Money, Freedom: A Story of the CFA Franc Review
My encounter with the Katy Léna N’diaye-directed feature-length documentary, Money, Freedom: A Story of the CFA Franc triggered a stroll down memory lane. What was my first encounter with money? What moment did the importance of some decorated piece of paper or coin impress itself on my childhood mind? Unlike the narrator in this film, my attempts at revisiting this childhood history proved futile.
N’diaye’s subtle pairing of autobiographical details with national history raises some pertinent questions- and answers. What significance does money —a country’s currency hold? What are the psychological, spiritual or even political attachments to currencies?
In the opening scenes, the camera movement, at first, seems to rove around. In its snail-like movement, the camera, in bits, introduces minimal details. A man holding onto a rope at the sea, a hand tracing what will later emerge as a map, a billowing white cloth, the exchange of money between people. The film’s cinematography slowly entrusts the audience to unravel the significance of these motion pictures. When not ogling the faces of the experts in close-up shots, the camera is recasting the gaze to abandoned landscapes holding fragments of colonial and post-colonial legacy.
Ndiaye’s assembled experts often prefer to speak in economics-related jargon, a development that might distance audiences who have limited understanding of the terms. She dissipates this challenge however by weaving her personal story into the narrative. This lends the film a sense of familiarity. Thus, as flickers of understanding emerge, a sense of grief is likely to etch itself in the minds of audiences.
The film’s concerns are urgent; the gradual and structured shredding of Africa into oblivion even as the debt profiles of African countries keep rising. Contrary to expectations, these loans which the politicians are quick to amass do not appear to be making much difference. And this is when they aren’t stolen or muffled down the drain in the form of projects with little real-time value. As Kako Nubukpo, one of the film’s experts, says, “IMF has become an acronym for ” Instant Misery Fund.”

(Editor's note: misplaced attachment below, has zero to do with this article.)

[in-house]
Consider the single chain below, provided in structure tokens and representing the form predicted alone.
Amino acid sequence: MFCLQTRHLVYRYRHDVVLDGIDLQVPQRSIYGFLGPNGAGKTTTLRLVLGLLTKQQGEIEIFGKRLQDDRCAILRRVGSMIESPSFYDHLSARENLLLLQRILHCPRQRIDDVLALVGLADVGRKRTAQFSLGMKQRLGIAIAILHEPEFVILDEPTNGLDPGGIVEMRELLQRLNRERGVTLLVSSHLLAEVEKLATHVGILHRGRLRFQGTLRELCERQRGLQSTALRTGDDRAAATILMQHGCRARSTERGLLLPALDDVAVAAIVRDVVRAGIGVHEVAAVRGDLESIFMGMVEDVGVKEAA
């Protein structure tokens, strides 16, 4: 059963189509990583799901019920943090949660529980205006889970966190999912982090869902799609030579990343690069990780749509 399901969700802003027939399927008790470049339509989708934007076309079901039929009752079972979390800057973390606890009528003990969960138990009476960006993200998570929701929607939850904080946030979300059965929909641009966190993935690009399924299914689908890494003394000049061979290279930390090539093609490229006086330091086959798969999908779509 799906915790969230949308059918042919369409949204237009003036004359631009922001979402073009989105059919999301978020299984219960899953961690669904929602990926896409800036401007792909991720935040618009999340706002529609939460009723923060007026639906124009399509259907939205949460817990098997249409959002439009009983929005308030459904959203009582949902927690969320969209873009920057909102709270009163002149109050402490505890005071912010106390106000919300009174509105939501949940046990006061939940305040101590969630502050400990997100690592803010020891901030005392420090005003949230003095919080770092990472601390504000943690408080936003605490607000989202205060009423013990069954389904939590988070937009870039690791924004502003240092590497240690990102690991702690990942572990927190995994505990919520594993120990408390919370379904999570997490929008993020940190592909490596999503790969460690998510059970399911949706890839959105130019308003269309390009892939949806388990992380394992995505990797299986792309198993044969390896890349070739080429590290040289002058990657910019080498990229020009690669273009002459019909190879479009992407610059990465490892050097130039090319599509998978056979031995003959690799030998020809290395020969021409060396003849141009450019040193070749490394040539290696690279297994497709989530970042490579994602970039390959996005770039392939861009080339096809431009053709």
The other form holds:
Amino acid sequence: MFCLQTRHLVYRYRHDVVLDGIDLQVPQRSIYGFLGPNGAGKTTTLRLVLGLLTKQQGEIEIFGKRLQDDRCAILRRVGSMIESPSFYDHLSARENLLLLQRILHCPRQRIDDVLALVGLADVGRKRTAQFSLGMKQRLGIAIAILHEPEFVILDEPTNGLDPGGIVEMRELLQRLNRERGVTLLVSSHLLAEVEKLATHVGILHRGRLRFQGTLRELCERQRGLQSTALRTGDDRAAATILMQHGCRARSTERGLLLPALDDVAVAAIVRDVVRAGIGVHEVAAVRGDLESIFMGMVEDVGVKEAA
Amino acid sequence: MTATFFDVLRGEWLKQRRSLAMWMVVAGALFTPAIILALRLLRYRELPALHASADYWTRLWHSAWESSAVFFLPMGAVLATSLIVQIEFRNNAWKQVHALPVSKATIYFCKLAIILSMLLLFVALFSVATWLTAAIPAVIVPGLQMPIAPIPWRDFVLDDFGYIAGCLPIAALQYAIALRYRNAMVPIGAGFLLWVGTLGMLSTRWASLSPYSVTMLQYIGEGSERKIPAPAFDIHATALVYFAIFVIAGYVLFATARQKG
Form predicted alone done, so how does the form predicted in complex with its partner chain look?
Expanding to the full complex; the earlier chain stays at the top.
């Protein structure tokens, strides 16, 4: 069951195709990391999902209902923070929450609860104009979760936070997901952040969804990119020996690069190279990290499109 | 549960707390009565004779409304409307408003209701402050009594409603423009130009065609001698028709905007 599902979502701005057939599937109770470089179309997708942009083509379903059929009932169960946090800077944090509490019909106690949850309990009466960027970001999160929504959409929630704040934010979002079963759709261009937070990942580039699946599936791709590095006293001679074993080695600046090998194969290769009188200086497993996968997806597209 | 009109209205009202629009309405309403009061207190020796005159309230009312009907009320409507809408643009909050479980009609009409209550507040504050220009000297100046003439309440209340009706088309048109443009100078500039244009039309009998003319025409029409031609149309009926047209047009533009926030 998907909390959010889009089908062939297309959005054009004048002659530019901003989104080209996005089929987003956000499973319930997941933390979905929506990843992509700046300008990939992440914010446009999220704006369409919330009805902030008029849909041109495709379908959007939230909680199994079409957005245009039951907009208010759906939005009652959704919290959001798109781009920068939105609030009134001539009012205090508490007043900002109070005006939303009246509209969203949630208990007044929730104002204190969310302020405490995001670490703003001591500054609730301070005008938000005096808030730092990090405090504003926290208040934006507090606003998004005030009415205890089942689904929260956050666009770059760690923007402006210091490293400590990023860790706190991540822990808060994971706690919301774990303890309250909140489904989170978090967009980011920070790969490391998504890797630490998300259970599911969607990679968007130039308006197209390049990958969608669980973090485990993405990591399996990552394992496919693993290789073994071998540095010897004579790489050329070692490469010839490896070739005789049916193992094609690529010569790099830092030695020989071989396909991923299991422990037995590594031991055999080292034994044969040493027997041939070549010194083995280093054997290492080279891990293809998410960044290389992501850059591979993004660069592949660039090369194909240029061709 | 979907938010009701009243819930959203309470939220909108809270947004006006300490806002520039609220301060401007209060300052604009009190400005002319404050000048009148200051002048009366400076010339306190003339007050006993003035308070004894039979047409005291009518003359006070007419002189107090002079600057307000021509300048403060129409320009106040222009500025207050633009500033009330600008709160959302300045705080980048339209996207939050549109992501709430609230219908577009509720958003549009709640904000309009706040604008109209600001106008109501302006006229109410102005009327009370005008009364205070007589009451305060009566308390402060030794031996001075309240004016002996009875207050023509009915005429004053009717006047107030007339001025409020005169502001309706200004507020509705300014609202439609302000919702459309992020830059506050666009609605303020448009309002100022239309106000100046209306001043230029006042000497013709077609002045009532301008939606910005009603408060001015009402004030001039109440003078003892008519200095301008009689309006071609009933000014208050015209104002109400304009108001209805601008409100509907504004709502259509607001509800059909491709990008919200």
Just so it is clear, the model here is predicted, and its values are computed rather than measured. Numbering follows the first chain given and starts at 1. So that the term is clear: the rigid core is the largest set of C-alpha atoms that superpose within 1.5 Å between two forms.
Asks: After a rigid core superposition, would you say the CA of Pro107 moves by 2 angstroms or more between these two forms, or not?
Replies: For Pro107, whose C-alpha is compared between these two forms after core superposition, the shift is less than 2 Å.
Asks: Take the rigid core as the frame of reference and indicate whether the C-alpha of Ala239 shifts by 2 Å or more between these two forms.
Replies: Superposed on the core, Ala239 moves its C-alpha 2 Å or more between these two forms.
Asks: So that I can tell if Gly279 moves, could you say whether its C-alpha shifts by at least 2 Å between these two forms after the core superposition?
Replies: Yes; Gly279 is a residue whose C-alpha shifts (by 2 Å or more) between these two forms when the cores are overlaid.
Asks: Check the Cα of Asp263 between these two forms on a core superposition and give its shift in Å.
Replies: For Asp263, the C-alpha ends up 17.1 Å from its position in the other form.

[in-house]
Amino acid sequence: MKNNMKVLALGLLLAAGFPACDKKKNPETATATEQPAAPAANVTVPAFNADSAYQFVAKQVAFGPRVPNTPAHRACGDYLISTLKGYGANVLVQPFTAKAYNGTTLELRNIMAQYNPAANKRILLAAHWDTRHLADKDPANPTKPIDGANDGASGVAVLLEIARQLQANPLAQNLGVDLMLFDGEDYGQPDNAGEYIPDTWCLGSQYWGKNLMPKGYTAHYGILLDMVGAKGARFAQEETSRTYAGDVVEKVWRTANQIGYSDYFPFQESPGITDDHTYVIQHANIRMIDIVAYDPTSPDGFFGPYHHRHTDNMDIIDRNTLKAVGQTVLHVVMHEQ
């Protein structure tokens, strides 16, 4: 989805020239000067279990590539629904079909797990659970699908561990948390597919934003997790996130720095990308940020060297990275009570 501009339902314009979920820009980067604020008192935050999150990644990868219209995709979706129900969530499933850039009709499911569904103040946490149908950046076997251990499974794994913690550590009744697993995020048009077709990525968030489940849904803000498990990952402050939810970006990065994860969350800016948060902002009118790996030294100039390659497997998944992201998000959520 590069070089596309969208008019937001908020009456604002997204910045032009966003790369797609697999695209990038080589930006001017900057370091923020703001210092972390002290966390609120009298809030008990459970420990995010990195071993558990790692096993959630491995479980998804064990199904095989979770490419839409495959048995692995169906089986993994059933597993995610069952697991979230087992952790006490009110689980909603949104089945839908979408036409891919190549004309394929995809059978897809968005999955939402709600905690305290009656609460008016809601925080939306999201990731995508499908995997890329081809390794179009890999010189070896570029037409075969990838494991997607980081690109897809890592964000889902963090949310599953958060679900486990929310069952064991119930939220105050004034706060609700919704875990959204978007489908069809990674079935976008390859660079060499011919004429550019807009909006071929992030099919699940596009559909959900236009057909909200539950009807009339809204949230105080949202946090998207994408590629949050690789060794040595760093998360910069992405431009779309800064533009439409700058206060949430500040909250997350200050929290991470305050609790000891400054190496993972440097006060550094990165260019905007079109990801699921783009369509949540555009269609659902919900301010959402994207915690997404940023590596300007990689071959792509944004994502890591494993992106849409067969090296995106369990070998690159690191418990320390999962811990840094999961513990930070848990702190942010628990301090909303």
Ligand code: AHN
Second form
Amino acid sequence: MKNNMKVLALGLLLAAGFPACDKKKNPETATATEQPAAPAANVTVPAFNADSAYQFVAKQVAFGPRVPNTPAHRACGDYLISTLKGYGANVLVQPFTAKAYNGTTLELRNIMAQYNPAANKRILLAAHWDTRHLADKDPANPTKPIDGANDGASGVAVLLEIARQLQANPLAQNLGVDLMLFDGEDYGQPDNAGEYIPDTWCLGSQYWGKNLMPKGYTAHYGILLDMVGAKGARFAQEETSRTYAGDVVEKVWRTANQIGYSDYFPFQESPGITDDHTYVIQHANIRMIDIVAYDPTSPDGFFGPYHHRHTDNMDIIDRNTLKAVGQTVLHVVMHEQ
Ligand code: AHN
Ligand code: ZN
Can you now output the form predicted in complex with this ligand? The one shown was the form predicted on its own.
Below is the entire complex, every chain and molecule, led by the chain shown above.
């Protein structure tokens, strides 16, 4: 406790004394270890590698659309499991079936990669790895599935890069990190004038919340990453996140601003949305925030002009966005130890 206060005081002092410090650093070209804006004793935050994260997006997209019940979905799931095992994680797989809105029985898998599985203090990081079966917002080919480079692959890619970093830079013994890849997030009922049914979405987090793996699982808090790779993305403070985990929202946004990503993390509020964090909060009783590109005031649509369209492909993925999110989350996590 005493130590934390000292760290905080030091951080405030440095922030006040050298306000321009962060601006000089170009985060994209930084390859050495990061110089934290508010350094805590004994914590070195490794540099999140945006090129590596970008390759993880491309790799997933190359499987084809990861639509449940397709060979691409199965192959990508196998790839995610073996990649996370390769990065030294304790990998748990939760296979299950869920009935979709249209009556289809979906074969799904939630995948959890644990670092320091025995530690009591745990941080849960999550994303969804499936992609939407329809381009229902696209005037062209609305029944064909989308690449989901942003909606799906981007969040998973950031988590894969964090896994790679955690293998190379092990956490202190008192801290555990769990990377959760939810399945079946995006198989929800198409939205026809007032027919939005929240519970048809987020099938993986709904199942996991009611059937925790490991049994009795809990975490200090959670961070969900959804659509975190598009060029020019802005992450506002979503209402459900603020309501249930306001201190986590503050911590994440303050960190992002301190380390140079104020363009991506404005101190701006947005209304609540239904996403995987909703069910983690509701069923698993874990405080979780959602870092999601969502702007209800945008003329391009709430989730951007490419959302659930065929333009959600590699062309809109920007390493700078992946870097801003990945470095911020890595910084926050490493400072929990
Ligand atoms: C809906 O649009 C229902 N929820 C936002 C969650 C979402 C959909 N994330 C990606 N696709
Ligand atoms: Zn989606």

Where is the lie?
The colonial empire may have crumbled but there are still policies and politics that remain vestiges of colonial rule. As the film demonstrates, the noose of colonialism is still fastened on Africa. The CFA franc remains currency of exchange in six independent states in Central Africa- Cameroon, Central African Republic, Chad, Republic of the Congo, Equatorial Guinea and Gabon. Through archival footage and the exposition of experts, the documentary speaks to how the currency of a country could hint at geographical and political sovereignty.
The extinction of colonialism in Africa gives prominence to the idea of freedom from an intruding power. However, the constant lapping unto foreign aid and investment subtly blurs this definition of freedom and sovereignty for African countries.
In lumping her personal story with national history, the documentary affirms this point: currencies are totems of a country’s dependence or independence. They are the economic metric of a country’s growth. And as Walter Rodney declared in his famous tome, Europe did underdevelop Africa. Katy Léna N’diaye’s documentary is a motion picture that bears testament to this assertion.
Encounters South African International Documentary Festival
Catch the film at the Encounters South African International Documentary Festival:
This story emanates from the Talent Press, an initiative of Talents Durban in collaboration with the Durban FilmMart. The views of this article reflect the opinions of the film critic Seyi Lasisi .